A species of bird which has not been seen in Greater London for 141 years has reappeared.
The Squacco Heron was last seen in Greater London in 1866
A squacco heron was last spotted at the Kingsbury Reservoir, in north-west London, in 1866.
But now hundreds of birdwatchers have flocked to the Crossness Nature Reserve in Bexley, south-east London, after one was seen there last week.
The sighting follows a £500,000 project at Crossness by Thames Water, Bexley Council and the charity Groundwork.
Work has involved restoring reed bed and ditch habitat for water voles and creating a new wader scrape - a shallow body of water with muddy margins - which has attracted the heron.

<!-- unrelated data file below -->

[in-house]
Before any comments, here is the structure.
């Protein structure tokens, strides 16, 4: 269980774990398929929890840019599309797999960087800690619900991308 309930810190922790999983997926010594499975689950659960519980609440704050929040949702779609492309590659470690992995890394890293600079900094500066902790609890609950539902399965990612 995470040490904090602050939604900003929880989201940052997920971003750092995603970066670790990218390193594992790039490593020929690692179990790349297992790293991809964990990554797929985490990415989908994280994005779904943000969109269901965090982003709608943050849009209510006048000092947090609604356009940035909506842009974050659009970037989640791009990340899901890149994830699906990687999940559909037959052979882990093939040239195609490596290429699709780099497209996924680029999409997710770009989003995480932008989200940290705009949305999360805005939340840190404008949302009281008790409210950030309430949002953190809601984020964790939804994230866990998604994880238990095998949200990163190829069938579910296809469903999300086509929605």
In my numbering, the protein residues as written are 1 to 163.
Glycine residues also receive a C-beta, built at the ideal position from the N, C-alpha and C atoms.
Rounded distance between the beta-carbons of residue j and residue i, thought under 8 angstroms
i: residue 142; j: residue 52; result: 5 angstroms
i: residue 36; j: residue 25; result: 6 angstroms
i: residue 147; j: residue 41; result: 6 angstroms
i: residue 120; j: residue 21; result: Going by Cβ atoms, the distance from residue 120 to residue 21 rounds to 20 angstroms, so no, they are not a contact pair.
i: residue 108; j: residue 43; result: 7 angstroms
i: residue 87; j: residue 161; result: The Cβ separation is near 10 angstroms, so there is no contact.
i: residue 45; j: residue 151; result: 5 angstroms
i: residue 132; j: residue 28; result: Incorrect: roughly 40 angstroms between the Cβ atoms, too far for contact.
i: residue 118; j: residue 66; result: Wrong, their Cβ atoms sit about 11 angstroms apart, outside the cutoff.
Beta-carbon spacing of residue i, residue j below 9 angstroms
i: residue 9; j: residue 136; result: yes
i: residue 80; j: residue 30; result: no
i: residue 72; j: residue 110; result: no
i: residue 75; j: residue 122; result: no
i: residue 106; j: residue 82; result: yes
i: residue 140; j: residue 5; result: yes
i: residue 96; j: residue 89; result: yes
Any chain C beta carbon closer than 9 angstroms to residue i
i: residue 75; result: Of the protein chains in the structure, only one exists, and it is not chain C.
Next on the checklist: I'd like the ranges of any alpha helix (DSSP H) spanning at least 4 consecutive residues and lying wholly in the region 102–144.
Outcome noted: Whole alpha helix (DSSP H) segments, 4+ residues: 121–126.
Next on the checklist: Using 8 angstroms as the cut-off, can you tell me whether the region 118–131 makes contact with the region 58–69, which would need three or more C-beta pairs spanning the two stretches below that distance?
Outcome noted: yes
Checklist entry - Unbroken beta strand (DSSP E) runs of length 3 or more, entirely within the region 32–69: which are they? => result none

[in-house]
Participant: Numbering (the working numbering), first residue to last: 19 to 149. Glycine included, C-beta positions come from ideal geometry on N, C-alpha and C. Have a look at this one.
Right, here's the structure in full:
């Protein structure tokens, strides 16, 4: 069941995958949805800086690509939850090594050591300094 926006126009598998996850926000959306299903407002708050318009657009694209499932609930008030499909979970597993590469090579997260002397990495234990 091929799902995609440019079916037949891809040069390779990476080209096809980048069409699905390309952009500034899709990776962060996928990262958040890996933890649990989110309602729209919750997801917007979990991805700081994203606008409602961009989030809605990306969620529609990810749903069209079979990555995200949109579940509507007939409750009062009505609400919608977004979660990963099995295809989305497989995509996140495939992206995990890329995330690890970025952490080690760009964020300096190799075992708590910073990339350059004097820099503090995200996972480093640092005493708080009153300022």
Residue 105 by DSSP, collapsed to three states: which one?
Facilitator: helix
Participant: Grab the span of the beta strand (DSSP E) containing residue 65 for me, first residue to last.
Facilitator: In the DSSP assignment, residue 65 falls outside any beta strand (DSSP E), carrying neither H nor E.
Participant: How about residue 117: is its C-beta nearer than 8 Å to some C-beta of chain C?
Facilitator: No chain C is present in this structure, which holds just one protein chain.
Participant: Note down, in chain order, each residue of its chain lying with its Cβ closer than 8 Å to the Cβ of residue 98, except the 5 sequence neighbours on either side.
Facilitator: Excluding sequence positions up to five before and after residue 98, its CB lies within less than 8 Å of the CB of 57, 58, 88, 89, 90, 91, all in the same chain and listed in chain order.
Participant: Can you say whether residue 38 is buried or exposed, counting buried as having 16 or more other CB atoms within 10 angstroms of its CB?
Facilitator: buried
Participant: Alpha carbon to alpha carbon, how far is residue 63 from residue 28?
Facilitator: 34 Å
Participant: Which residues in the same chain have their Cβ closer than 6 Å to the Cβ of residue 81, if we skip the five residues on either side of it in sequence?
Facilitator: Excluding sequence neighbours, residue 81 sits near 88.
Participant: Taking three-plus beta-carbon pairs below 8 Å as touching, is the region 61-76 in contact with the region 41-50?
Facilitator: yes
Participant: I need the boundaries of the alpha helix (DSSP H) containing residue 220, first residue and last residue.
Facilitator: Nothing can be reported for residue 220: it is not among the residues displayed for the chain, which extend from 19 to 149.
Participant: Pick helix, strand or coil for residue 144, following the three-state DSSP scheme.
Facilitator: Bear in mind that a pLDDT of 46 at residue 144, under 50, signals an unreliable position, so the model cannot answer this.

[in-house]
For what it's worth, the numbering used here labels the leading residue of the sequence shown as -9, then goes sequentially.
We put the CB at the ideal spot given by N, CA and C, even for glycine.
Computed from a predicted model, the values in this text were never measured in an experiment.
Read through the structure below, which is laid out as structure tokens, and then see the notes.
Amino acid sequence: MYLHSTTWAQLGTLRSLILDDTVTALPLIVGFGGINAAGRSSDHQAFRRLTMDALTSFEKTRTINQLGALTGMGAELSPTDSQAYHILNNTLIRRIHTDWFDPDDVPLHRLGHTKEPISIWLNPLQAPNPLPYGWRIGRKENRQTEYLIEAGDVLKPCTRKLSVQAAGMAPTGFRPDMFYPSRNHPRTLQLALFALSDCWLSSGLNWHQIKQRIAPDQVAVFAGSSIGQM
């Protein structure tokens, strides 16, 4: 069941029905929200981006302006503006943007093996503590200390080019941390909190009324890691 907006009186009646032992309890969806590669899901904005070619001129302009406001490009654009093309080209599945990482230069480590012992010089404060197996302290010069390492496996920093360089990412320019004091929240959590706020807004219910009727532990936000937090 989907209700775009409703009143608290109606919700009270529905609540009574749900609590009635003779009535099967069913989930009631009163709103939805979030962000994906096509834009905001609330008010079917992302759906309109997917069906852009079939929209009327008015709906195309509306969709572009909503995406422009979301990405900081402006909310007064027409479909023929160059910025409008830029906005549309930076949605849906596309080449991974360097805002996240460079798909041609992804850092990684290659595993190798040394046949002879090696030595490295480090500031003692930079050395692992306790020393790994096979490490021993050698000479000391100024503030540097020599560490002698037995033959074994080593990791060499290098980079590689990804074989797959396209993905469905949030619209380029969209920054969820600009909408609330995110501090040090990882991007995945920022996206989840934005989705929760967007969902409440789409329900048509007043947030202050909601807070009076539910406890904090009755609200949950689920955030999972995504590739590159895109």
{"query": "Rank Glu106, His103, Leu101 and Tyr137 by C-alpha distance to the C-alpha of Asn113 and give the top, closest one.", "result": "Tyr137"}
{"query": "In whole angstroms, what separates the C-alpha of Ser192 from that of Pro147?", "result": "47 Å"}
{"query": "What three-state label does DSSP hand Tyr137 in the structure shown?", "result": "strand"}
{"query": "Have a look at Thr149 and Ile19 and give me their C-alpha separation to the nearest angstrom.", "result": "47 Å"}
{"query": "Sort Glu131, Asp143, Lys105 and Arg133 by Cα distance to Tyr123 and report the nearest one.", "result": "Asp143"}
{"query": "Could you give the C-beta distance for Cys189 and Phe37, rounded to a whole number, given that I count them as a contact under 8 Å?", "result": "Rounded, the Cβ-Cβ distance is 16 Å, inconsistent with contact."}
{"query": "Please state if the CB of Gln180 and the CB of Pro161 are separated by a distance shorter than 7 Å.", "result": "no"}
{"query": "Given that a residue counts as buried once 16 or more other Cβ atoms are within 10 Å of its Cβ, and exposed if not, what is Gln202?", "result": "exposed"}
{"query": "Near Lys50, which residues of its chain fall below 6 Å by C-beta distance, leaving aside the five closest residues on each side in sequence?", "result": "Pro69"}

The site has also been opened up to the public with a wildlife viewing screen enabling ornithologists to get close to the bird without disturbing it.
The squacco heron, which is mainly found in southern Europe and winters in Africa, has a stocky body and beige plumage.
There have also been confirmed sightings of a rare purple heron flying over Crossness, and the first quail to visit the Bexley Borough since 1969 has been seen on a number of occasions this week.
The squacco heron has been spotted in the Southern Marshes of Crossness.
Martin Wagner, from Thames Water said: "The sighting of the squacco heron is a great success for the company as well as for wildlife.
"It is exciting to see this new wetland area so favoured by a rare bird."
The squacco was spotted on the afternoon of 29 May and has been seen on the marshes ever since.